I was browsing through some dark corners of my computer's hard drive several months ago and discovered this recipe dating back almost 20 years. When I first came up with the recipe, I only used a teaspoon of salt in the marinade, which I then reduced and thickened with corn flour to make a sauce. My notes indicated the tequila flavor wasn't particularly prominent in the chicken, so I bumped up the salt level to make a brine and draw the tequila flavor deeper into the meat. Then, for a sauce, I used a store-bought salsa, which I simmered with a bit more tequila. It was much better.
Combine 1 cup tequila and all other ingredients (except chicken) in a small saucepan and bring just to a boil, stirring occasionally. Remove from heat and cool to room temperature. Pour brine into a 1-gallon zippered bag, add chicken and refrigerate for 6 hours.
In the meantime, gently simmer 2 cups of your favorite tomato salsa with the remaining 2 tablespoons of tequila in a small saucepan over medium heat for 15 minutes.
Heat up a grill or a grill pan to medium high. Drain and discard the brine and pat the tenders dry. Brush the grill or grill pan with oil and grill tenders for 2 to 3 minutes per side, until cooked through.
Serve over Mexican rice (long-grain rice cooked with sauteed onions, green peppers and diced tomatoes) and top with salsa.
Sweet potato pie is an old Southern tradition. And when I see the words "Southern" and "tradition" combined in a recipe, I automatically think "bourbon." So I cobbled together a recipe, replacing part of the liquid with bourbon and adding some bourbon and sugar to whipping cream for a topping. Yum.
1 1/2 pounds sweet potatoes, peeled and cut into 1/2-inch cubes
4 tablespoons unsalted butter, melted
2 tablespoons bourbon
3/4 teaspoon ground coriander
3/4 teaspoon ground allspice
1/2 teaspoon kosher salt
1/2 cup sugar
6 teaspoons all-purpose flour
1/4 cup whole buttermilk
1 cup whipping cream
1 tablespoon bourbon
1 tablespoon superfine sugar
Heat oven to 400 degrees.
Arrange the pie crust in a pie plate and trim to fit. Poke holes in the bottom and sides using a fork. Place a piece of parchment paper in the pie pan and add a pound of dried beans or pie weights. Cook pie crust for 20 minutes, remove the parchment and weights and cook 5 minutes longer until a very light brown. Set on a rack to cool.
Separate eggs, cover and allow whites to warm for about 1 hour. This will enable them to incorporate more air and whip more quickly. (The yolks can be refrigerated until ready to use.)
Steam sweet potatoes until tender, about 20 minutes. Allow to cool. Then, in a 2-quart bowl, mash with a fork or potato masher. Add butter, bourbon, coriander, allspice and salt and mix thoroughly.
Beat the egg yolks lightly, add the sugar and continue beating until the mixture is a creamy yellow color. Stir the yolk mixture into the sweet potatoes and mix thoroughly. Add the flour, about a teaspoon at a time, mixing well after each addition. Stir in buttermilk.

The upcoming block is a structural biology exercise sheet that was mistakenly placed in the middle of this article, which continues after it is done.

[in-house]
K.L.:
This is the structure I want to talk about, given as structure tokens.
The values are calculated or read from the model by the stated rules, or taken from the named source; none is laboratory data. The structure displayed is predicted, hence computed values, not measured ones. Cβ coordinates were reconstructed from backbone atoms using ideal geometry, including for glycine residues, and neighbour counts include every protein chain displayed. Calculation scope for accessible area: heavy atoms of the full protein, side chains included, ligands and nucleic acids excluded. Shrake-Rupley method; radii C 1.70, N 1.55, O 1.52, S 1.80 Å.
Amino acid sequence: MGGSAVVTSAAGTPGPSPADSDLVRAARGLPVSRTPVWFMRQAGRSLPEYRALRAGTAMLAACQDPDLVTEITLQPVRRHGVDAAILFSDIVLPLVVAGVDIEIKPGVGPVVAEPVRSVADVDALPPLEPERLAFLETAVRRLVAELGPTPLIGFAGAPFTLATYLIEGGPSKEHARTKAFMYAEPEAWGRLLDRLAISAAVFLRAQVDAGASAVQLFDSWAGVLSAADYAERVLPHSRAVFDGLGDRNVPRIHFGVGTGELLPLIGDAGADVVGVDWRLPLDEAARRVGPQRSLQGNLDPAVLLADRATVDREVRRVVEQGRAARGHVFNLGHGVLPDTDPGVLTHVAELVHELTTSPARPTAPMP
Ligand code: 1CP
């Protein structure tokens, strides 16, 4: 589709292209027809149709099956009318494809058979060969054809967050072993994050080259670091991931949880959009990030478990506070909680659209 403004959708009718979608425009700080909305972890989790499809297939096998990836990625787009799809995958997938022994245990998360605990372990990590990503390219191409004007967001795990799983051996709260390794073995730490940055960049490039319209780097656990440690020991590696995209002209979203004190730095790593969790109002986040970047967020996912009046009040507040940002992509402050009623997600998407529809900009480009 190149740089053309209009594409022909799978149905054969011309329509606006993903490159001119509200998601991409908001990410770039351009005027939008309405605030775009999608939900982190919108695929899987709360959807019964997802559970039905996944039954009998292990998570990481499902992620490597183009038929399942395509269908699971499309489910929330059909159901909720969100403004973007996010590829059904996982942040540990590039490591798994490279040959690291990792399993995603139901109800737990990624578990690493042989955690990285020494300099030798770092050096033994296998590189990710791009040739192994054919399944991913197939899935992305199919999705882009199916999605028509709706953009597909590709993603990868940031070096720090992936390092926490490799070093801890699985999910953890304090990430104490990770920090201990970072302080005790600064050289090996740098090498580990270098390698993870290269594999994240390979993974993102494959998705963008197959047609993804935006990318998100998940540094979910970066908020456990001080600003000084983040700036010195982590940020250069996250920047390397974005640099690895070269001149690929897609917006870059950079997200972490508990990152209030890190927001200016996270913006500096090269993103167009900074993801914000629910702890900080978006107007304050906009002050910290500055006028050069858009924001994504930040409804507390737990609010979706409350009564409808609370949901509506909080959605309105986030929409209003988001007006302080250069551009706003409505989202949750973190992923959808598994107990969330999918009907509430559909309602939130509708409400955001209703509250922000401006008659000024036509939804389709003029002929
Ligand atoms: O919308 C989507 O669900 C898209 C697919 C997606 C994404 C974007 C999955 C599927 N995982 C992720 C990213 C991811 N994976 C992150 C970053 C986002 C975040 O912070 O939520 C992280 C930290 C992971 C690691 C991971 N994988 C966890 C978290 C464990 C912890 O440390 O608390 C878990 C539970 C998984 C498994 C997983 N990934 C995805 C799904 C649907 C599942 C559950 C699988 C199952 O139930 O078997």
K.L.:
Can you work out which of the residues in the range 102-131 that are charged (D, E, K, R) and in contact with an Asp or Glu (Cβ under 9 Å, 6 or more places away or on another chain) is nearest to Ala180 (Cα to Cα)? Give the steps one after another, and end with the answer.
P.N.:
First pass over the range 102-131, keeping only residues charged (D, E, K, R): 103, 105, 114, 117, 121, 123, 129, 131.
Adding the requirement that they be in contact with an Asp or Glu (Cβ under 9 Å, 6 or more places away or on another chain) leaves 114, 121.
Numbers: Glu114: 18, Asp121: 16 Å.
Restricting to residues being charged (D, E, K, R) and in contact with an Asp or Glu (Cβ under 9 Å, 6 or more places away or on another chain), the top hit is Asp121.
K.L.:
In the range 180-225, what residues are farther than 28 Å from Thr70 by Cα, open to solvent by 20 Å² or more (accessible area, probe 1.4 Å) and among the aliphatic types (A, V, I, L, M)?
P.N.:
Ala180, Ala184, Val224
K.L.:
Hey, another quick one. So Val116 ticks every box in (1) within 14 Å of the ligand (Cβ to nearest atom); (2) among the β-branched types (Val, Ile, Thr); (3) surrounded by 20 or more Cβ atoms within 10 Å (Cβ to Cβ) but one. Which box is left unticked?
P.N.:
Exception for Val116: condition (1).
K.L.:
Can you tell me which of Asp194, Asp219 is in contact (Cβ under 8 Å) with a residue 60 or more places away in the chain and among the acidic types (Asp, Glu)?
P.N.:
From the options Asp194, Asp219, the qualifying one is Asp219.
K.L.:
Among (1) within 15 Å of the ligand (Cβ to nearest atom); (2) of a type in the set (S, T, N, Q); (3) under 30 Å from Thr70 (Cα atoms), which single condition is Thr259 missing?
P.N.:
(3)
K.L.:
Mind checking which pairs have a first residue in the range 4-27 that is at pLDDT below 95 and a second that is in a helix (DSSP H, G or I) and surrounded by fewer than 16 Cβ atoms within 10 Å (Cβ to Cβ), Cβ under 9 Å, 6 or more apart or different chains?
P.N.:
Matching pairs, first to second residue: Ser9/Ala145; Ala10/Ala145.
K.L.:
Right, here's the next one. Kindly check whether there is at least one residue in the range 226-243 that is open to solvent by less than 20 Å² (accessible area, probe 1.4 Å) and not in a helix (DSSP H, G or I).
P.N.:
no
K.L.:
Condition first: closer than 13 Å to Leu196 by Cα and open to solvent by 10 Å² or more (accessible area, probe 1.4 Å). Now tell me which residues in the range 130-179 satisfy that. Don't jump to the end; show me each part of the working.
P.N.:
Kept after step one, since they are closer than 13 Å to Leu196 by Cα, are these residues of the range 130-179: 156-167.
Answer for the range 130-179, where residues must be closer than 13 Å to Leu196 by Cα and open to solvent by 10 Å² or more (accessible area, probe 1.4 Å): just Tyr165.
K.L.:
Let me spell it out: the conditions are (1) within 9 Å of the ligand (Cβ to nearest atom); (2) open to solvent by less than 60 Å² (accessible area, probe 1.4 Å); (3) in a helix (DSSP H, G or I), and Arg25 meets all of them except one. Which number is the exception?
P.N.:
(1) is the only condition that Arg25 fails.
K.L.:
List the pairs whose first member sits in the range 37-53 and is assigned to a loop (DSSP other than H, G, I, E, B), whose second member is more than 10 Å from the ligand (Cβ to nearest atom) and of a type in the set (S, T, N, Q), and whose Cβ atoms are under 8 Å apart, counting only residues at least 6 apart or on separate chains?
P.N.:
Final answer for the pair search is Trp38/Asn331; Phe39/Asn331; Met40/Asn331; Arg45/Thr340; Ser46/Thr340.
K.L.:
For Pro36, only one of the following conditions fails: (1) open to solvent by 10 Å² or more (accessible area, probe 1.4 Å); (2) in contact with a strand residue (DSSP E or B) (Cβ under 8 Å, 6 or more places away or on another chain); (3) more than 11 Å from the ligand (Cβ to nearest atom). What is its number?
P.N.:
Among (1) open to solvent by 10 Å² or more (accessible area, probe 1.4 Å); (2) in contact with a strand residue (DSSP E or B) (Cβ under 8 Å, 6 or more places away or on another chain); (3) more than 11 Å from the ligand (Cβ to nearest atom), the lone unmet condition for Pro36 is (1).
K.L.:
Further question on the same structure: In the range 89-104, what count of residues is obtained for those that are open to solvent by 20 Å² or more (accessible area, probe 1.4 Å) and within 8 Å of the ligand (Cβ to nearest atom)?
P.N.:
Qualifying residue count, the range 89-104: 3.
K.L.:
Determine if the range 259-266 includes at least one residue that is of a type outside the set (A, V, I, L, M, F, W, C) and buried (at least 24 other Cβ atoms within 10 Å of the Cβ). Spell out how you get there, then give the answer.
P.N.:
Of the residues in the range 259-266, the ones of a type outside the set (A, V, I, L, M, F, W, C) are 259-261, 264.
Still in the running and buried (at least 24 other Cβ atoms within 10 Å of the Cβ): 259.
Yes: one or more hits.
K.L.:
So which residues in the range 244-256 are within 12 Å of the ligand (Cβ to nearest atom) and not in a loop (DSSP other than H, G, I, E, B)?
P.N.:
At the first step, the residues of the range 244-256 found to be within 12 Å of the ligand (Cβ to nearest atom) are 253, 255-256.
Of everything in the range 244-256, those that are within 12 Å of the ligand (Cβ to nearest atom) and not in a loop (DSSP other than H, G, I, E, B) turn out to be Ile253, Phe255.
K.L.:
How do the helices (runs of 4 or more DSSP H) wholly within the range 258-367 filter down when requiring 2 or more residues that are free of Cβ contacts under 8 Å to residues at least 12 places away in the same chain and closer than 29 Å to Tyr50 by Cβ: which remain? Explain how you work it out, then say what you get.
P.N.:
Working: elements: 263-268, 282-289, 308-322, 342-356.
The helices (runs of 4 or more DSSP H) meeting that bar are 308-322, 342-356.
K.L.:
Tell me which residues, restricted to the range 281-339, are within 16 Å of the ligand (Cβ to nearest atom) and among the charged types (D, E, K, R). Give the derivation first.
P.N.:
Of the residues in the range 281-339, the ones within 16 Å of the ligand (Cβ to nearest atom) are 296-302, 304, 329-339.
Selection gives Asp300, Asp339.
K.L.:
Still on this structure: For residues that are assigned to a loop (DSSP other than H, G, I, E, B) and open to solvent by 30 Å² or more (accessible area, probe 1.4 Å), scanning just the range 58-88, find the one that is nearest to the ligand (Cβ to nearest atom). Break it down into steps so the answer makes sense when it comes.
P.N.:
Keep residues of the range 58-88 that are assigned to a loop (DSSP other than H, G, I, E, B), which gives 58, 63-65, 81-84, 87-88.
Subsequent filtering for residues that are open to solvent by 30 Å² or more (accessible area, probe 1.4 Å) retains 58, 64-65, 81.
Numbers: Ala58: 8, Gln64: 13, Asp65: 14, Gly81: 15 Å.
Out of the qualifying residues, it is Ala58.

Beat whites until they form soft peaks. Fold a third of the whites into the sweet potatoes, mixing well but gently. Fold remaining whites into the potatoes. Pour filling into pie crust and cook in the center of the oven until the center of the pie is set, about 40 minutes.
Whip the cream to soft peaks, then add sugar and bourbon and whip to stiff peaks.
Cool pie completely on a rack and serve either at room temperature or cold with topping.
My father seldom speaks of his experiences during World War II, but an obviously cherished memory is a bottle of Calvados for which he traded a pair of "captured" boots in France. Calvados is an apple brandy made in Normandy. It's a potent liquor, distilled from apple cider with a distinct apple character, and apparently Dad and a couple of mates got pretty tipsy drinking it. This recipe marries pork, apples, Calvados and cream in an elegant and delicious combination.
1 1/2-pound pork tenderloin, cut into 3/4-inch thick medallions
3 tablespoons butter
2 shallots, chopped
1 apple, peeled and thinly sliced
1 tablespoon fresh sage, finely chopped
1 teaspoon fresh rosemary, finely chopped
1/4 cup Calvados (apple brandy)
1/2 cup chicken stock
1/2 cup heavy cream
Salt and pepper
Heat oven to 200 degrees.
Season pork medallions generously with salt and pepper. Heat oil in a skillet (not nonstick) over medium heat. Add pork and cook on each side until browned, 3 to 4 minutes per side. Place medallions on a plate in the oven.
Add butter to skillet. Add shallots, apple slices, sage and rosemary and saute until lightly browned. Remove from heat, add Calvados, and ignite brandy to burn off some alcohol. Return to heat and add chicken broth, scraping up browned bits. Reduce liquid by half. Add cream and reduce to desired consistency. Divide pork between plates and spoon sauce over the top.
Some flavor compounds are alcohol-soluble; among them are some tomato flavors. So although vodka brings almost nothing of its own to the flavor of this sauce (besides a bit of snap), it does enhance the flavor of the sauce, which is particularly valuable if you're using canned tomatoes or bland supermarket tomatoes. Though it's traditionally made using heavy cream in addition to the vodka, I like using a mixture of cream and ricotta.